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Mapping America’s Worst States For Binge-Drinking This Christmas

With Christmas just around the corner, Americans across the U.S. are preparing to celebrate.

In many cases, the merrymaking involves a plethora of alcoholic beverages.

Whether it’s eggnog, mulled wine, Christmas lagers, or regular, less-than-seasonal booze, alcohol is often a staple of festivities, and Christmas is no exception.

For some, alcohol is what makes the stressful holiday bearable. For others, it’s what makes the bearable holiday stressful.

A new chart by Statista ranks the worst U.S. states for binge drinking, according to data from America’s Health Ranking Annual Report.

According to the United Health Foundation, binge drinking is defined as having numerous drinks in one sitting. For men, that means five or more drinks on one occasion and for women, it’s four or more.

Zero Hedge reports:

Binging is defined as having four or more (for women) or five or more (for men) drinks on one occasion in the past 30 days. Chronic drinking is having eight or more (for women) or 15 or more (for men) drinks per week. The U.S. has an annual average of 87,798 alcohol attributable deaths while 12,460 road deaths were due to alcohol consumption between 2006 and 2010.

An estimated 2.5 million years of U.S. life have been lost due to alcohol abuse between 2006 and 2010. As well as its massive impact on human health, alcohol also has huge financial and economic repercussions. Excessive alcohol consumption cost the U.S. $249 billion in 2010 or $2.05 for each beverage consumed.

The lowest rates of excessive drinking in U.S. states were recorded in West Virginia (11.8 percent), Oklahoma (12.8 percent) and Utah (13.4 percent).

This chart could explain where the “Christmas spirit” is on the rocks.

Wisconsin tops the top list, but both it and North Dakota see roughly 26% of adults reporting either chronic or binge drinking.

Minnesota comes in at third with nearly 23%.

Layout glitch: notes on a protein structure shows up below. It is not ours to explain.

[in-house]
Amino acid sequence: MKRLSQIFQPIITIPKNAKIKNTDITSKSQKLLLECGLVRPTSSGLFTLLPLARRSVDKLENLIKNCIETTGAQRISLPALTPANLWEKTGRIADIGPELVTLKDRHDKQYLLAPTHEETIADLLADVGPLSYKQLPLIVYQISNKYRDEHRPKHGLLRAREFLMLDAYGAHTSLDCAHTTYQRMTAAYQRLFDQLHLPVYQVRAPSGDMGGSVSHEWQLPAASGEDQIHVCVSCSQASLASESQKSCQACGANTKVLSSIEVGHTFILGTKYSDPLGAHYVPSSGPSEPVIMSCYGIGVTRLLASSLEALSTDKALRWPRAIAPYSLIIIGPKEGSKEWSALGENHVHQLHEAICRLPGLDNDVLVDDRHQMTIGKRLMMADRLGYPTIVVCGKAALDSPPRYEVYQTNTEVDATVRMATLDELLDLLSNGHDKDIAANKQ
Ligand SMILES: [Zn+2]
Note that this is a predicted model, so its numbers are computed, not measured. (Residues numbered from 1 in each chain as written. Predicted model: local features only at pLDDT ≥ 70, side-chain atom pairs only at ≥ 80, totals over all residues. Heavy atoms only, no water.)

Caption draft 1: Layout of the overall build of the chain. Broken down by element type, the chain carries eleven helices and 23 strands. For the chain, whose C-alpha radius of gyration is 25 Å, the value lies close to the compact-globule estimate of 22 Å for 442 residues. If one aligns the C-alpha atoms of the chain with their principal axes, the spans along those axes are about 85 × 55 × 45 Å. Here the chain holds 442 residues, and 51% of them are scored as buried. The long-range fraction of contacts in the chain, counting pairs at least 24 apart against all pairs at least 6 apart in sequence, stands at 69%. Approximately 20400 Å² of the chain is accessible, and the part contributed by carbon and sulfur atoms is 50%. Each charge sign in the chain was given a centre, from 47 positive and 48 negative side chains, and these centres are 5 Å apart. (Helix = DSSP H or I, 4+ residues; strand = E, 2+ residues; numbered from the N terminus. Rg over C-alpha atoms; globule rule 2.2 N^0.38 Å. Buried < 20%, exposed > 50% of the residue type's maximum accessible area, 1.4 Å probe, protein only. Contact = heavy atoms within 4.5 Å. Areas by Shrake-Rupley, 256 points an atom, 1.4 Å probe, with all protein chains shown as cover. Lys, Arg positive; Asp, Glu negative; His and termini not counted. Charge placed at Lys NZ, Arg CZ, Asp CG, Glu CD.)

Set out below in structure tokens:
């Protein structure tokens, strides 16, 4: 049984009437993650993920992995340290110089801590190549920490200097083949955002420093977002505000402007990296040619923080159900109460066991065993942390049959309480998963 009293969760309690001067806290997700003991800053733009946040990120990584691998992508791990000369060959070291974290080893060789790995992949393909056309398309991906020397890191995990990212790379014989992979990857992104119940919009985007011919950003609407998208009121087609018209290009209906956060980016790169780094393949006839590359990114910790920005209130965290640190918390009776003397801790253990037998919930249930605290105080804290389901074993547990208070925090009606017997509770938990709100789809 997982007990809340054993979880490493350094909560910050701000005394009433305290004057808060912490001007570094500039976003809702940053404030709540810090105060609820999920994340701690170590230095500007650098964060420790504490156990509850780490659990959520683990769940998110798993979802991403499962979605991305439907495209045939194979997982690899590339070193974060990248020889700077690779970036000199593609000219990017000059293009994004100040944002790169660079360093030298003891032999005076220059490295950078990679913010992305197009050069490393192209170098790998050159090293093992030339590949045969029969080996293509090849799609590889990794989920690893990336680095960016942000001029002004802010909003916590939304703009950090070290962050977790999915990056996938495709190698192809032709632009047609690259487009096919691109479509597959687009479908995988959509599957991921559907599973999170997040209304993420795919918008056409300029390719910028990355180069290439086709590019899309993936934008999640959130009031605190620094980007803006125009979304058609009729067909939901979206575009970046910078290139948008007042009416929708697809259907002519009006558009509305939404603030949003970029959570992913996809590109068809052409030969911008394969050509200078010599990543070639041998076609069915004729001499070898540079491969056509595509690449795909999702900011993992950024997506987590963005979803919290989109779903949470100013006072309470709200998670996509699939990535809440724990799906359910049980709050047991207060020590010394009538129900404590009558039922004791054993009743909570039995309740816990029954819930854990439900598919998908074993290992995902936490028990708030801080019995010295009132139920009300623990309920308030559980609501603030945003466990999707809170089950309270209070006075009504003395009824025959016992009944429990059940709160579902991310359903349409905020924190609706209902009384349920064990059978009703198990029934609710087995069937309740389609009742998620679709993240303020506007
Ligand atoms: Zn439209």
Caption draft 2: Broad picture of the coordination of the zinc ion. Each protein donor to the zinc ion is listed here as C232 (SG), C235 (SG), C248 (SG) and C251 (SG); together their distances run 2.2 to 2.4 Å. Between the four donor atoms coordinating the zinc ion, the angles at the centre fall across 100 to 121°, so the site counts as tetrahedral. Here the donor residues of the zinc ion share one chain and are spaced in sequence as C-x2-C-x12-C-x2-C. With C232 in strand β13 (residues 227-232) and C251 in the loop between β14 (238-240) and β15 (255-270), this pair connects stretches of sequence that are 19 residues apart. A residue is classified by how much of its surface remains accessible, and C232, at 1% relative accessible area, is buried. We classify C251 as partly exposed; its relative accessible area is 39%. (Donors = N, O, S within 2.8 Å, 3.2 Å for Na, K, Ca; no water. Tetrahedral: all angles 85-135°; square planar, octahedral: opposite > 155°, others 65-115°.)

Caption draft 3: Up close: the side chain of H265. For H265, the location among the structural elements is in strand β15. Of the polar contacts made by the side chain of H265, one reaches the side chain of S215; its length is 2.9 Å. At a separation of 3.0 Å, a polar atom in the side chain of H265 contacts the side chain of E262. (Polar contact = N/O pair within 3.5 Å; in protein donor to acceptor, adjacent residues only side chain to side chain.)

Several Midwestern states made the list. Interestingly, non-Midwestern states ranked 6th-9th, while Midwestern states ranked 1-5.

Pennsylvania marks the bottom of the top ten list at 10.5%.

While a glass of eggnog might be just enough for some, it seems many Americans need two or twelve more rounds to really get things going on the holidays.

“The lowest rates of excessive drinking in U.S. states,” Statista reports, “were recorded in West Virginia (11.8 percent), Oklahoma (12.8 percent) and Utah (13.4 percent).”

While it may sound easy enough to limit your drinks at Christmas parties, avoiding top-ups would make it easier to keep track. And if you have excessive drinkers in your family, maybe that traditional fruit cake or some other treat is a better choice as a party gift than a bottle of scotch.

If you live in one of the top ten states listed in the chart above, perhaps you’re used to somewhat rowdier get-togethers. If your state didn’t make the list, don’t worry yourself over trying to catch up to the pack leaders. This isn’t a contest you necessarily want to win.

It’s fine to enjoy and spread your holiday cheer. Just make sure you’re not spoiling someone else’s Christmas by making yours a little too merry.

Merry Christmas and a Happy New Year!

Source: The Federalist Papers

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